The touring Cirque du Soleil show Volta performs at the Del Mar Fairgrounds until May 5. Coloring a loose, dystopian future narrative with ballet, aerial acrobatics, and freestyle bicycle stunts, the show presents a bit like Ice Capades, except with gymnasts, X Games athletes, and unicyclists instead of figure skaters.
Even more than the traditional circus, the Cirque brand excels at combining stunning feats of athleticism with thoughtfully rendered artistry. It got me thinking: if this is the line between sports and performance art, are gymnastics even really a sport? Is freestyle cycling?
At the top level of gymnastics, athletes strive for perfection while executing ever more complicated flips, twists, and landings, and the most successful performance receives a gold medal. But unlike most competitive sports, the action itself does not objectively determine the outcome. Rather, a panel of human judges subjectively evaluates each routine, including points for artistry. Respective scores are compared, and a winner declared, but the gold and silver medalist never even go toe to toe. This sort of adjudication strikes me as closer to organized art criticism than sport. It’s like comparing two productions of the ballet Swan Lake and declaring one a winner.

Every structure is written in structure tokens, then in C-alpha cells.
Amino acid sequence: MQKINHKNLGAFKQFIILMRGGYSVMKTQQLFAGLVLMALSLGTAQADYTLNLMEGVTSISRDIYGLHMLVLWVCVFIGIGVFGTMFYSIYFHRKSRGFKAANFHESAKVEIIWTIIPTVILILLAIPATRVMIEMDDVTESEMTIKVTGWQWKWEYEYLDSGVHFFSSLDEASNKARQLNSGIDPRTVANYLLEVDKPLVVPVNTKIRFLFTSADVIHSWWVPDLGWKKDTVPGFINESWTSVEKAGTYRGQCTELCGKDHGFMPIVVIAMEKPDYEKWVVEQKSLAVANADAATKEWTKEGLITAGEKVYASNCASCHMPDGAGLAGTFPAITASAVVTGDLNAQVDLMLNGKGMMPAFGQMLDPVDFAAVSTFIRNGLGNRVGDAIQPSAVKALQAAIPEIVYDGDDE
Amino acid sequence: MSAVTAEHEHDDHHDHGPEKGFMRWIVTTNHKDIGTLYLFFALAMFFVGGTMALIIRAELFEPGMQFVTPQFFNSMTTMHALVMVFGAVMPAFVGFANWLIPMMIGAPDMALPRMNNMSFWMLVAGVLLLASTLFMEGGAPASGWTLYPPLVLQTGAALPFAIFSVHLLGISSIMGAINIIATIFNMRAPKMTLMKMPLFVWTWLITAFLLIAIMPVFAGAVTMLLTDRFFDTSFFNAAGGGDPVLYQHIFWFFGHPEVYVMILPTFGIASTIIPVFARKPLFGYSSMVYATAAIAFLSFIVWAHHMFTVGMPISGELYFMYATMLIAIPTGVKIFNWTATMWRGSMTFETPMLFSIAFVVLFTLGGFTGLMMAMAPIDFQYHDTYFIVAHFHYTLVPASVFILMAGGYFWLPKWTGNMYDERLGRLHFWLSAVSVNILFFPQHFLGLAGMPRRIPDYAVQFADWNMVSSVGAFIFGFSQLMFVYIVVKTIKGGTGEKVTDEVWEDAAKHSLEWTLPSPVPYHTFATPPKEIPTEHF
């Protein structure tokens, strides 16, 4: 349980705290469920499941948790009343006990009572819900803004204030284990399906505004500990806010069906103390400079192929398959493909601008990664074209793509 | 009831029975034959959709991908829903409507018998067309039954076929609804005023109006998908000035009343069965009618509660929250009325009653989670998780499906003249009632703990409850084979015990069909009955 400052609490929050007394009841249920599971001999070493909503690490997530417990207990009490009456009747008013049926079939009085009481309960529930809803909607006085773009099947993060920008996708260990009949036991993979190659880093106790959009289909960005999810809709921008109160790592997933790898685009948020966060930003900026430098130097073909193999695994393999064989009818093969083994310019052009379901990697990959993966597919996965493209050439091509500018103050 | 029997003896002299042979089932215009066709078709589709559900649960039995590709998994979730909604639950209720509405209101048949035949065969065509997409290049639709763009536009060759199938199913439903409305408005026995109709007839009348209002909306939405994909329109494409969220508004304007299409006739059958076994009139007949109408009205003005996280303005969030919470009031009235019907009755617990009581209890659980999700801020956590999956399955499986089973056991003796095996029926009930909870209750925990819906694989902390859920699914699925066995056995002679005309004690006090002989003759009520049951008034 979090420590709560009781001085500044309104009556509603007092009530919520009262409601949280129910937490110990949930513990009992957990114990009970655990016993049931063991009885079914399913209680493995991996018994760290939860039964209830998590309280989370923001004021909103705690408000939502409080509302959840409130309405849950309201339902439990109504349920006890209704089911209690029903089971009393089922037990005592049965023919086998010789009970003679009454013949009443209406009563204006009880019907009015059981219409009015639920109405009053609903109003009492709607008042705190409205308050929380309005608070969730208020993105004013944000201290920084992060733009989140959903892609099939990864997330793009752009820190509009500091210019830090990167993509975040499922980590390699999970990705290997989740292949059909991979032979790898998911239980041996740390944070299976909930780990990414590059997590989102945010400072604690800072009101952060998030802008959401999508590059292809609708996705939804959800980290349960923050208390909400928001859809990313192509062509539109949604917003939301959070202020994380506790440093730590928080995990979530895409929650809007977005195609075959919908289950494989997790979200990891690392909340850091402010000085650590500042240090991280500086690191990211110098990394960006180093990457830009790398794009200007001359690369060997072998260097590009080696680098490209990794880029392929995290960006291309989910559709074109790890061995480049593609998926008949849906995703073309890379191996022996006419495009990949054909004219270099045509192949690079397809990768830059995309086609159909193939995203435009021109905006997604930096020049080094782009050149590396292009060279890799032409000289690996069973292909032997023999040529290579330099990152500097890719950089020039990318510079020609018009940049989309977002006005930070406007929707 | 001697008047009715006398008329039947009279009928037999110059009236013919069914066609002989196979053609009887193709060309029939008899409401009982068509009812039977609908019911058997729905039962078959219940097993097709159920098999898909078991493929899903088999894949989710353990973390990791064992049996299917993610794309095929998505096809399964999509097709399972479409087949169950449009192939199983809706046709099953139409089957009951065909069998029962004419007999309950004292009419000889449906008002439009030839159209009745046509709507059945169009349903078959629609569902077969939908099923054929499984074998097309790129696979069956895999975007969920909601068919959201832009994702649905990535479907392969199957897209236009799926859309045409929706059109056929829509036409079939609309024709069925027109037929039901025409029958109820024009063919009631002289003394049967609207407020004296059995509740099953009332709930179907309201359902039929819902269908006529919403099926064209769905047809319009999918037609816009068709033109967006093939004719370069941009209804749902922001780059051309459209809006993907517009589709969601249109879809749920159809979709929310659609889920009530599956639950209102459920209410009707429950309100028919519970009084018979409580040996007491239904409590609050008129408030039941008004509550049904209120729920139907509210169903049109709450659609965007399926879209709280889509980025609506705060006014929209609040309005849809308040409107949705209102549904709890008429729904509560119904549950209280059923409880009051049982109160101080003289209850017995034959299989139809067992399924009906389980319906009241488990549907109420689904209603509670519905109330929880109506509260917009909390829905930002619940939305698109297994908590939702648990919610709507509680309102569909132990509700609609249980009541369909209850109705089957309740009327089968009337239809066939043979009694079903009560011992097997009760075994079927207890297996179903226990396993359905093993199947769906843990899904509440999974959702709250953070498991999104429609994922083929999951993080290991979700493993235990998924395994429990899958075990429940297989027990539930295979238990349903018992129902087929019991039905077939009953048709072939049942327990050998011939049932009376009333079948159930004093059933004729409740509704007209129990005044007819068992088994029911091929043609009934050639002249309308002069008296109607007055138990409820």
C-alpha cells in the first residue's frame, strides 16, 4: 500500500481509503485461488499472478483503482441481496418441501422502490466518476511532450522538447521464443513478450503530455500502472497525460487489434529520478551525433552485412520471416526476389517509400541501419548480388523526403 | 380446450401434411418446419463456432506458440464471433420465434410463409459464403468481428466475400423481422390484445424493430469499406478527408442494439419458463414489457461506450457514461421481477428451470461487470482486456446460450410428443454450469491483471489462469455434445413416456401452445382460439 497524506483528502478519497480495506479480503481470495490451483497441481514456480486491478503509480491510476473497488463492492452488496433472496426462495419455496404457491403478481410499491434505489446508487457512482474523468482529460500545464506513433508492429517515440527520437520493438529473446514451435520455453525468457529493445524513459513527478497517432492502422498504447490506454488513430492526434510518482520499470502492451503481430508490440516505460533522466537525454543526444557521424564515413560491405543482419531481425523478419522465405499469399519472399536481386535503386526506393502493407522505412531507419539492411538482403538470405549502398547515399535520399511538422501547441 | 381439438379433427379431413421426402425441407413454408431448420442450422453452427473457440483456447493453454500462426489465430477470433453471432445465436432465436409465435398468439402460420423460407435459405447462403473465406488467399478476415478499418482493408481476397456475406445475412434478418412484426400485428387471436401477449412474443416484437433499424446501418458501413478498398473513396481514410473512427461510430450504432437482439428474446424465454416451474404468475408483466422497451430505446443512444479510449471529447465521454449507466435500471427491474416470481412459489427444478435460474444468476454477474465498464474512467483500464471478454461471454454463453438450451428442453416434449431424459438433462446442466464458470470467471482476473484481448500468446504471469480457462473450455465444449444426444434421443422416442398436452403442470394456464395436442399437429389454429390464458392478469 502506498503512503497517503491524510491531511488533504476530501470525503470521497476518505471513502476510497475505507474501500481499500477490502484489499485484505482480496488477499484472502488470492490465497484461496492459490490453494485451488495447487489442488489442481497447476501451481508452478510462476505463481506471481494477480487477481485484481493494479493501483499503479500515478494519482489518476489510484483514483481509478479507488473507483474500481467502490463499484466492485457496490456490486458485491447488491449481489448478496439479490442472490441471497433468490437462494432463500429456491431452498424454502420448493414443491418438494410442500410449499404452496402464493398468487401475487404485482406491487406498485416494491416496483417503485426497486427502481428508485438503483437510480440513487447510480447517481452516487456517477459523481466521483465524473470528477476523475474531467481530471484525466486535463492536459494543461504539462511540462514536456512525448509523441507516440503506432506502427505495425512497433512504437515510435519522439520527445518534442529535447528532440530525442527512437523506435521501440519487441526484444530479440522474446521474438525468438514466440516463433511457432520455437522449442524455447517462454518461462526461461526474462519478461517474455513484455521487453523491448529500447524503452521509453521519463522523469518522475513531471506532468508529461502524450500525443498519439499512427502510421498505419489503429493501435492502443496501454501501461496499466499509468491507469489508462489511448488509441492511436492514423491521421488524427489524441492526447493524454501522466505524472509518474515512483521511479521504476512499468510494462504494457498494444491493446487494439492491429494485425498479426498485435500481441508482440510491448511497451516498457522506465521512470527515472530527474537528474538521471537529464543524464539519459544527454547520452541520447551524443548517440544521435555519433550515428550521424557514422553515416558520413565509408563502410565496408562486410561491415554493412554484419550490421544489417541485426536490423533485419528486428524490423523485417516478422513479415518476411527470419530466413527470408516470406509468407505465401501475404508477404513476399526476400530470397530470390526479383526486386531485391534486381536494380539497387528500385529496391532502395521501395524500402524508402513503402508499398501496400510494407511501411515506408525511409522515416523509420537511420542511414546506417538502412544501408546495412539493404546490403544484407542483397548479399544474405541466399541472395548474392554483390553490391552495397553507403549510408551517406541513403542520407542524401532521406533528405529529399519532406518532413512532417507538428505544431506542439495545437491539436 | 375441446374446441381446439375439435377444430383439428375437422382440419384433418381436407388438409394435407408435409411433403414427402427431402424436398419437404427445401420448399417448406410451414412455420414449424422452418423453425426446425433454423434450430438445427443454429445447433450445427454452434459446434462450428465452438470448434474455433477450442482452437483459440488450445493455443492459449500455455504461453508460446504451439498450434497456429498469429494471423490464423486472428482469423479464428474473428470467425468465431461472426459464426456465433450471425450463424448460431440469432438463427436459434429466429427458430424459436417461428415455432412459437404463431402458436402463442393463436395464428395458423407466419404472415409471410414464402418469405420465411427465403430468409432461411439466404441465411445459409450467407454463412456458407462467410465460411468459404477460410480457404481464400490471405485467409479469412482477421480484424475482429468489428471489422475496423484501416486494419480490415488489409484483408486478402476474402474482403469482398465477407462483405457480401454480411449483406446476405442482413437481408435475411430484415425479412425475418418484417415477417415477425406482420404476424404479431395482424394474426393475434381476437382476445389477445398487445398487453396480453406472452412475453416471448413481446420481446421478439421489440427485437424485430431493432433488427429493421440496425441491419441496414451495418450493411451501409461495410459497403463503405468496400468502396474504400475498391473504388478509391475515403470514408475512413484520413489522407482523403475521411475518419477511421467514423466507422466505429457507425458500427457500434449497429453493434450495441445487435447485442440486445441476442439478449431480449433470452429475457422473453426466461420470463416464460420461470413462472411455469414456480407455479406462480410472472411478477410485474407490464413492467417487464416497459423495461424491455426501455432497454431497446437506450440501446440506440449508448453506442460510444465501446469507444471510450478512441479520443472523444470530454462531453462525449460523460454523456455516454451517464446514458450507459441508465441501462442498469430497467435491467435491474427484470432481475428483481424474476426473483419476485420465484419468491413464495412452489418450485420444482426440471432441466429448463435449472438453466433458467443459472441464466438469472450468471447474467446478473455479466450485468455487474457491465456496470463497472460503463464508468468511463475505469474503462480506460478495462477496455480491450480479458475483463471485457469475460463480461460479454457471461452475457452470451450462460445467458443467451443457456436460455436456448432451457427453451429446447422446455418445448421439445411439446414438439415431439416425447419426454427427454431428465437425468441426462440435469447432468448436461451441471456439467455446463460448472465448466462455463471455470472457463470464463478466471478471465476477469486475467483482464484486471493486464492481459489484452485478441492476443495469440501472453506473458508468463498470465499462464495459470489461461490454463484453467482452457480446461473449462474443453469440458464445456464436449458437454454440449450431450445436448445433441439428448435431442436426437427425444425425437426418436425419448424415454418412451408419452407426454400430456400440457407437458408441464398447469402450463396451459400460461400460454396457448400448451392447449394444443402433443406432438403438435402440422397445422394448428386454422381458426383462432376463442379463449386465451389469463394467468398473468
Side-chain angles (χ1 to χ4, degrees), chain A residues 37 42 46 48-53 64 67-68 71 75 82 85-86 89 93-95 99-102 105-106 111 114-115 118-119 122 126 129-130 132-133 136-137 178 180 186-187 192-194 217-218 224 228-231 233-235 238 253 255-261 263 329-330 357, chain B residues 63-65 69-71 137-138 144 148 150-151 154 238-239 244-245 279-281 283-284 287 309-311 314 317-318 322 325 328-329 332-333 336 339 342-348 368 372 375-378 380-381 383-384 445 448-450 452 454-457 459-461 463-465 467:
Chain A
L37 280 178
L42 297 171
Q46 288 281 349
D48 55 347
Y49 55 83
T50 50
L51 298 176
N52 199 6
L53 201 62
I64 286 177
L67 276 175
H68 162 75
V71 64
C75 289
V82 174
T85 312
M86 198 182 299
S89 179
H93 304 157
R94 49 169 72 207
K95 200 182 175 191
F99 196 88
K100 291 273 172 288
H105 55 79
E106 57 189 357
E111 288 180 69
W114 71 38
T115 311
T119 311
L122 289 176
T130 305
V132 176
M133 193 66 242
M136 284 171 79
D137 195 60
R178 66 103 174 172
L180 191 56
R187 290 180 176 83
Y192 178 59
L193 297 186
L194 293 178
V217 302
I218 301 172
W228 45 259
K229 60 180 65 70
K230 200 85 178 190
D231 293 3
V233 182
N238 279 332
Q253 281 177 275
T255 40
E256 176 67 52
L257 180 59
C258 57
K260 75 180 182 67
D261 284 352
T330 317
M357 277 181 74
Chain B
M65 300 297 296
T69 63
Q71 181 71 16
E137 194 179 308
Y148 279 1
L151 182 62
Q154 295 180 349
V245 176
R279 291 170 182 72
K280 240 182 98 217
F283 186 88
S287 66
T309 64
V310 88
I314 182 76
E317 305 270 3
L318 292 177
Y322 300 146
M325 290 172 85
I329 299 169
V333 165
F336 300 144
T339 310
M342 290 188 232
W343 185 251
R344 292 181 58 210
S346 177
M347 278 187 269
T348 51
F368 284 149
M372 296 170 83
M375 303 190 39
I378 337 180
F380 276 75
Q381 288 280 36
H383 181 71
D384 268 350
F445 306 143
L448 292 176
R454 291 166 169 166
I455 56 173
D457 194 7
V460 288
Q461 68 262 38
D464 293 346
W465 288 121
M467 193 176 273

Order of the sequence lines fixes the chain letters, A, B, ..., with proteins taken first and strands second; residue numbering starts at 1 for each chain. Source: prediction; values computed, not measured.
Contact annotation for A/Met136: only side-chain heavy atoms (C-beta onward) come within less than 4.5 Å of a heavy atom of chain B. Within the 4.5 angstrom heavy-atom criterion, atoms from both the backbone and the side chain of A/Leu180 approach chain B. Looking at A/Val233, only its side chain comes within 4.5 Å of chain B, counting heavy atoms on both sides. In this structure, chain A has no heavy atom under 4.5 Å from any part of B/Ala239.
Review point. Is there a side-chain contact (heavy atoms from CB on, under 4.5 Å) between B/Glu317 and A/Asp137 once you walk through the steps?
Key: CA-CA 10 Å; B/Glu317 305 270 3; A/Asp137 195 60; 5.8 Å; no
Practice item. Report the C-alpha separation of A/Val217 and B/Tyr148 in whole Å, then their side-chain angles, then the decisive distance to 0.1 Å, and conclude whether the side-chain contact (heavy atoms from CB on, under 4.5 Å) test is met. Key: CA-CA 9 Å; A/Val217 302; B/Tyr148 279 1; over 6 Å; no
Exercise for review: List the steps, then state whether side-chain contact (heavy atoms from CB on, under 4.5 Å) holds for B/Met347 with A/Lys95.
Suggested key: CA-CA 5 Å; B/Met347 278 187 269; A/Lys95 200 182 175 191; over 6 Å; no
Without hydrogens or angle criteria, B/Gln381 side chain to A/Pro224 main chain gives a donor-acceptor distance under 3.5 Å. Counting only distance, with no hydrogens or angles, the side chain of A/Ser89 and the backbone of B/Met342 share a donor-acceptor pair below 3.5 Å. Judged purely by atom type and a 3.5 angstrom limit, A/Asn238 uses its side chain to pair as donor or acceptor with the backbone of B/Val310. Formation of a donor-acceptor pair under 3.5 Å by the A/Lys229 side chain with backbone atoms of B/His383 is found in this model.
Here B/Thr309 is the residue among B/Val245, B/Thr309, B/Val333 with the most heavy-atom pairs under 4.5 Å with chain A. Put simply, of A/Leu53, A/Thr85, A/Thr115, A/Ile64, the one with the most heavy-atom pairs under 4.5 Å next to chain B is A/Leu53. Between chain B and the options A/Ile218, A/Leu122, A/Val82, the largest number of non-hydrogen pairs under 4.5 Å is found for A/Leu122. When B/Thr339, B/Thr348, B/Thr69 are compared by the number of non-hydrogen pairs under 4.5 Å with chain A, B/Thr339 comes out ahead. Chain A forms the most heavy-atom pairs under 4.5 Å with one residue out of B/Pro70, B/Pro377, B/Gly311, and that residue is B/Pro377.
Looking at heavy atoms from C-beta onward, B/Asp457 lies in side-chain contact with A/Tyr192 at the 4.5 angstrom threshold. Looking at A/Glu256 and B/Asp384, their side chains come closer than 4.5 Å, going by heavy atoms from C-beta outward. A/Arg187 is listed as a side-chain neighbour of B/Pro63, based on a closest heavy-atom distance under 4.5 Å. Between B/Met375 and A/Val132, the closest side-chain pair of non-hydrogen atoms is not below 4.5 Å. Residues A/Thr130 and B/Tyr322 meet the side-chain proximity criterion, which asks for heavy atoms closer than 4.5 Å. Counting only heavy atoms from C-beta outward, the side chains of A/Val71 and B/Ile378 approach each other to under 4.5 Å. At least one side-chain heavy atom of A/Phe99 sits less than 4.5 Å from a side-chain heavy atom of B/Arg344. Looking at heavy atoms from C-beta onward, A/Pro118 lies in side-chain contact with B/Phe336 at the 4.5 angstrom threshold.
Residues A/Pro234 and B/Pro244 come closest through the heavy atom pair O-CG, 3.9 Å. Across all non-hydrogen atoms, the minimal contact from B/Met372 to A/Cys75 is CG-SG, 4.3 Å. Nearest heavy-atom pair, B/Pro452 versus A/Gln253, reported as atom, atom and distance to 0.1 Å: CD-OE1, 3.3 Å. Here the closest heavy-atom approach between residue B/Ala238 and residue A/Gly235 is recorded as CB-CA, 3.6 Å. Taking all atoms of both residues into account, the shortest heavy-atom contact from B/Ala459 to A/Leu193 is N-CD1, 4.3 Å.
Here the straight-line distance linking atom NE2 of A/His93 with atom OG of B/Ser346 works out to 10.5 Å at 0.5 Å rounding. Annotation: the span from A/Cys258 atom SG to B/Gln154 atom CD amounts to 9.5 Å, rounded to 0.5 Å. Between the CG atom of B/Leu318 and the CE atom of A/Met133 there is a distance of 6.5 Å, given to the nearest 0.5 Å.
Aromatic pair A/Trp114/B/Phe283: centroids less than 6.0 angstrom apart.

To be a sport, doesn’t there need to be a competitor specifically trying to keep you from winning?
Look at football, for example. A football offense rehearses a play over and over again, practicing detailed choreography and precision timing to coordinate eleven athletes toward a prescribed outcome. Without a defense on the field, the players would be re-enacting their well-rehearsed parts, scarcely different from those ballet dancers. Just as Swan Lake has the same ending every time it’s performed, a well-prepared football offense would score a touchdown on every single play if there were no opposing team to stop it.
It’s the act of putting an 11-player defense on the other side of the field that makes it a sport rather than an athletic demonstration. It’s what makes a game’s outcome unpredictable. Conversely, if you sent a second team of dancers to prevent the cast of Swan Lake from landing their grand jetés, ballet might be turned into sport.
I don’t mean to diminish the competitive fire that drives gymnasts, or other judged athletes such as figure skaters, divers, and freestyle bikers. Quite the opposite. I would elevate them to the stature of performance artists, so committed to their craft that they refine their very bodies to use as implements of expression.
Acrobats, a.k.a. gymnasts, arduously prepare themselves to perform the same dynamic athletic feat to perfection every time. There’s no competitor to stop them, other than their own conscious or subconscious minds. In other words, they face the internal struggle of every artist. And the very best perform their art at an Olympic level.